We’ve written before about the fluid power research projects coming out of the Center for Compact & Efficient Fluid Power (CCEFP). Ten new research projects have recently been selected for funding. One such project is the Controlled Stirling Power Unit project, which was presented by Anna Winkelmann and Seth Thomas of Vanderbilt University at the 2016 Fluid Power Research and Innovation Conference.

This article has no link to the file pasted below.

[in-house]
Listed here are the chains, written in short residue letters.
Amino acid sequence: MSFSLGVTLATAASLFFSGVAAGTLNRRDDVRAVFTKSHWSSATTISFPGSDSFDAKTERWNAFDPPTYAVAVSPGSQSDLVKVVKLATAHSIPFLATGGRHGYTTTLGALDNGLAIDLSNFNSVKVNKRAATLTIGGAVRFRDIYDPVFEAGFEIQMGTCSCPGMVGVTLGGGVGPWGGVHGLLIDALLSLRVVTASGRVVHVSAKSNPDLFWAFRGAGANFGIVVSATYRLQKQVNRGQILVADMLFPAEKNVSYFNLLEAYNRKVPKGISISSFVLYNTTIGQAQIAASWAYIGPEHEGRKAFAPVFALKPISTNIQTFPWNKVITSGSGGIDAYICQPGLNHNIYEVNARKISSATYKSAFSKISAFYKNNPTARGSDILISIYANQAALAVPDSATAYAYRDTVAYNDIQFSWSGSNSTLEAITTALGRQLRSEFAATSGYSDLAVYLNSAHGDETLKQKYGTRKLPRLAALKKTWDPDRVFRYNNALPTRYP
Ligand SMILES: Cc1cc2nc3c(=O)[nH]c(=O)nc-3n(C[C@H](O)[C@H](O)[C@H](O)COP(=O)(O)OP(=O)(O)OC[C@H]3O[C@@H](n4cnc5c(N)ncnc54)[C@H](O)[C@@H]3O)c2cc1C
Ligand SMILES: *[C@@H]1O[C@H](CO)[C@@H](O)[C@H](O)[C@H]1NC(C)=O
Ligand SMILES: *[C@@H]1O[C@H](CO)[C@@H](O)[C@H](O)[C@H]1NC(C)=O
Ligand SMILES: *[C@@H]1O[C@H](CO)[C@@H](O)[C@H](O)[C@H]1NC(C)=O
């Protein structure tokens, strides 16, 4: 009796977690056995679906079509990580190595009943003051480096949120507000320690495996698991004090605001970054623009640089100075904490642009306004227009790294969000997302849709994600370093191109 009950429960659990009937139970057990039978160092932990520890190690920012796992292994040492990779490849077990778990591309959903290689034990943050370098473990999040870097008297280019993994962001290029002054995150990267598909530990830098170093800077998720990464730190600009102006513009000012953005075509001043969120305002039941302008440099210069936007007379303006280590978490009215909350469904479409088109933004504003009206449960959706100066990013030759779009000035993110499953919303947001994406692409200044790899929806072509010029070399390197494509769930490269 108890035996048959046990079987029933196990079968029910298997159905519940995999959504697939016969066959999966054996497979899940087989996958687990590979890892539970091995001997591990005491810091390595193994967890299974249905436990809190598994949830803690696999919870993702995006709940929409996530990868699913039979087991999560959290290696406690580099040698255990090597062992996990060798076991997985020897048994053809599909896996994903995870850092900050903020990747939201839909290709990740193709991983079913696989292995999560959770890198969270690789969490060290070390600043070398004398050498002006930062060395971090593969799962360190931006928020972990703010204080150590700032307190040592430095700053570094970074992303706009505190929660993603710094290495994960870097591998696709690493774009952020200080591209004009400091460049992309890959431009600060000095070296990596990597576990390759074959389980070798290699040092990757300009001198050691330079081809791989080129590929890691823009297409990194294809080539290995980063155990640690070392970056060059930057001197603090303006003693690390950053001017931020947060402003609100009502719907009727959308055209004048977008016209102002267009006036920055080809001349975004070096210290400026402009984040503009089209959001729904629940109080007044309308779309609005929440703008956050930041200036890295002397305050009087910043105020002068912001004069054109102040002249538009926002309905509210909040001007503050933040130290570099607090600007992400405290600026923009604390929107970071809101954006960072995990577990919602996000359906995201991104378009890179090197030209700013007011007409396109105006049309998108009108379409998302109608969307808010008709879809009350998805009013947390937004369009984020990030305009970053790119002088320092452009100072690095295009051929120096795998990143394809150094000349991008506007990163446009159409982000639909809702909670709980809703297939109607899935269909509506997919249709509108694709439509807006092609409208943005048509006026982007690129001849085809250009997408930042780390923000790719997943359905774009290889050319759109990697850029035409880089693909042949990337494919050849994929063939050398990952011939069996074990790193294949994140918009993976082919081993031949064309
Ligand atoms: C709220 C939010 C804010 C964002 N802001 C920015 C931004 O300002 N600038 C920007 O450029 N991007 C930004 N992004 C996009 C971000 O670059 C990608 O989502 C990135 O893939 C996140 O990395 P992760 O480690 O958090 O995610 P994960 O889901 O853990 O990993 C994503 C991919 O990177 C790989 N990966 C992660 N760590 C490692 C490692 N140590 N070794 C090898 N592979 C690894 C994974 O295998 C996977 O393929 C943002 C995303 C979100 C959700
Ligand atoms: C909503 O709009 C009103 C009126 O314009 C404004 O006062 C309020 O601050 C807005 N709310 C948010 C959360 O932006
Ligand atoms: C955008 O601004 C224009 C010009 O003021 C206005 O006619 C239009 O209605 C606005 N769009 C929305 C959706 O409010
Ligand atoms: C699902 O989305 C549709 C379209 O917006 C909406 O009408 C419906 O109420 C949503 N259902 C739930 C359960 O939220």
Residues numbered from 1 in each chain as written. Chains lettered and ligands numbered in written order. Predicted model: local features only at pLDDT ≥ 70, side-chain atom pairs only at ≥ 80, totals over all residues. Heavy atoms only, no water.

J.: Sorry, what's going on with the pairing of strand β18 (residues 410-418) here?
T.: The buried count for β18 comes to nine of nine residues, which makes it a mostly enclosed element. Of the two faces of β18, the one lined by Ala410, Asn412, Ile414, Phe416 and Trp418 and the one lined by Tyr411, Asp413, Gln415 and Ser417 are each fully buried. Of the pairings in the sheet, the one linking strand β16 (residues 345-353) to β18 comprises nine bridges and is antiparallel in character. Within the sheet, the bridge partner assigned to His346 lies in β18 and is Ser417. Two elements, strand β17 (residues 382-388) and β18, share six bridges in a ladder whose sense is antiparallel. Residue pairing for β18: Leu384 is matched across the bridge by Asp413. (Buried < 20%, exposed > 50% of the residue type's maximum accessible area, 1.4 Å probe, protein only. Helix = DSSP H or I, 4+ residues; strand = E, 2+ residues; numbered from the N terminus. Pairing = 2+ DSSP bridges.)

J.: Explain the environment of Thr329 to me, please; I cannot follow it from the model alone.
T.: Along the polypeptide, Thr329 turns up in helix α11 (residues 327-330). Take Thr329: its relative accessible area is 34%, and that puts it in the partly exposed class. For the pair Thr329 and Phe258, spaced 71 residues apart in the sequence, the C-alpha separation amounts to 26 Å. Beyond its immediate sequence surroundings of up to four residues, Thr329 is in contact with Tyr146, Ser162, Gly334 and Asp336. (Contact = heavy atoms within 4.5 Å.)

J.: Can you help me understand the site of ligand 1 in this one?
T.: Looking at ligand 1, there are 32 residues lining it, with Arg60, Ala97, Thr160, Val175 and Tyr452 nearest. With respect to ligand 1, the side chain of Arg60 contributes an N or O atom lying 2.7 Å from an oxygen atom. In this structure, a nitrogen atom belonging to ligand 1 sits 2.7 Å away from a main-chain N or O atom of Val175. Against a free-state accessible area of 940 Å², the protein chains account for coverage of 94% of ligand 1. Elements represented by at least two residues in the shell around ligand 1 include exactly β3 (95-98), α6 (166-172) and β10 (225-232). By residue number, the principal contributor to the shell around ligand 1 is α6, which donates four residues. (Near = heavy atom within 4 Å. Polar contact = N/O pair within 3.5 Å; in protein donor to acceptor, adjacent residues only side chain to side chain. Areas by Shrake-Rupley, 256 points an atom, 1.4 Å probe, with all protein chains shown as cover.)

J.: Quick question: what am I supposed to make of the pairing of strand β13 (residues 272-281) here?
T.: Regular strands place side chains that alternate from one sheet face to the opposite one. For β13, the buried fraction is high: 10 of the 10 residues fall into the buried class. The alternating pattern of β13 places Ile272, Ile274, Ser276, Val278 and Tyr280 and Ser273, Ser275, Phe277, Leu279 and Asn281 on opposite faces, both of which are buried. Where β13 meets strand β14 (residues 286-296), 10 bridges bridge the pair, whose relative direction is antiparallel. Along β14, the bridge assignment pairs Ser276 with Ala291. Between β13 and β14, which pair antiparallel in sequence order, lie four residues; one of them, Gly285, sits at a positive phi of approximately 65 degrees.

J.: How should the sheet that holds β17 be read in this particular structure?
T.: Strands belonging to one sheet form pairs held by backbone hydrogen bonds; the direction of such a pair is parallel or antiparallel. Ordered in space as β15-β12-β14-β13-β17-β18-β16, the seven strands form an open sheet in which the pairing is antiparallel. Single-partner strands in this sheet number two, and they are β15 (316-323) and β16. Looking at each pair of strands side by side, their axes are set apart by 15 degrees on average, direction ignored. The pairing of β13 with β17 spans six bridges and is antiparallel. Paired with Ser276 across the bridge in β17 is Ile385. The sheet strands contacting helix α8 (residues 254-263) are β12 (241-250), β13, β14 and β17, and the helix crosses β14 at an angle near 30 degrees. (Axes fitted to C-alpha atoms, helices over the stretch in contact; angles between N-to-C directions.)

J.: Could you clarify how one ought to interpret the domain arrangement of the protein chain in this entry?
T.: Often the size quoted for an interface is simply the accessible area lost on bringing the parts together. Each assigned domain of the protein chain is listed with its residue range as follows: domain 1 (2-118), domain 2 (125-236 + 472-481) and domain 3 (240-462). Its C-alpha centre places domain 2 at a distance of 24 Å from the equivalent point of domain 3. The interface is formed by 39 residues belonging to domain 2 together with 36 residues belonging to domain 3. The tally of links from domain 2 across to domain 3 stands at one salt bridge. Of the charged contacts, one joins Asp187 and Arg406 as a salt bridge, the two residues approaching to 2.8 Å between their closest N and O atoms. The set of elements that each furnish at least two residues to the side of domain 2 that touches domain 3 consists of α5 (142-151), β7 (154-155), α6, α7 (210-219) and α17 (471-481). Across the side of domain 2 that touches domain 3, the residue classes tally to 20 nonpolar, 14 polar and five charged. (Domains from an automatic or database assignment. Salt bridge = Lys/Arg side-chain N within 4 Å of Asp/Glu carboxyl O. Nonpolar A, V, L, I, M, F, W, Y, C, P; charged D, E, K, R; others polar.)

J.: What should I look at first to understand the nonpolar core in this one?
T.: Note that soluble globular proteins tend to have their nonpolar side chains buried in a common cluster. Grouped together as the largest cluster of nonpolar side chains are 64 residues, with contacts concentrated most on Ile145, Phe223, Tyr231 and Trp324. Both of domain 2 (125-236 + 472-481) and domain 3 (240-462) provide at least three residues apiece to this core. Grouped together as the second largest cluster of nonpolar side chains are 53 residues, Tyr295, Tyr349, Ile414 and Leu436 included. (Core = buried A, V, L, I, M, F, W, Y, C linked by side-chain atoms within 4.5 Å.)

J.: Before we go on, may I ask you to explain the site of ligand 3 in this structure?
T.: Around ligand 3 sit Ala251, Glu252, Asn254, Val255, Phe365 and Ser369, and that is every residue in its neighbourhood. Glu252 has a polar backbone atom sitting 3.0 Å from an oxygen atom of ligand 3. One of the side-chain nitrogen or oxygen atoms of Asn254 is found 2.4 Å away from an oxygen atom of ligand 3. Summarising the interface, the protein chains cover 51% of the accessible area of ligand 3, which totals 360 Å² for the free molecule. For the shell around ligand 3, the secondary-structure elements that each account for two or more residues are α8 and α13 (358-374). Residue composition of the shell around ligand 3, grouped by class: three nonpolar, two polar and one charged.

See the presentation slides from the conference below:
Project Summary: The project is set to address limitations in the current options for power supplied to mobile robots and exoskeletons through the development of a quieter, more energy-dense, compact, and portable fluid power supply using a stirling device. Such advancements would enable the use of fluid power technology in a variety of military, medical, manufacturing, and construction applications. The stirling device can use a number of highly energy-dense, flexible fuel or available heat sources to create hydraulic or pneumatic fluid power in an easily scalable design.
Watch for updates as the project progresses.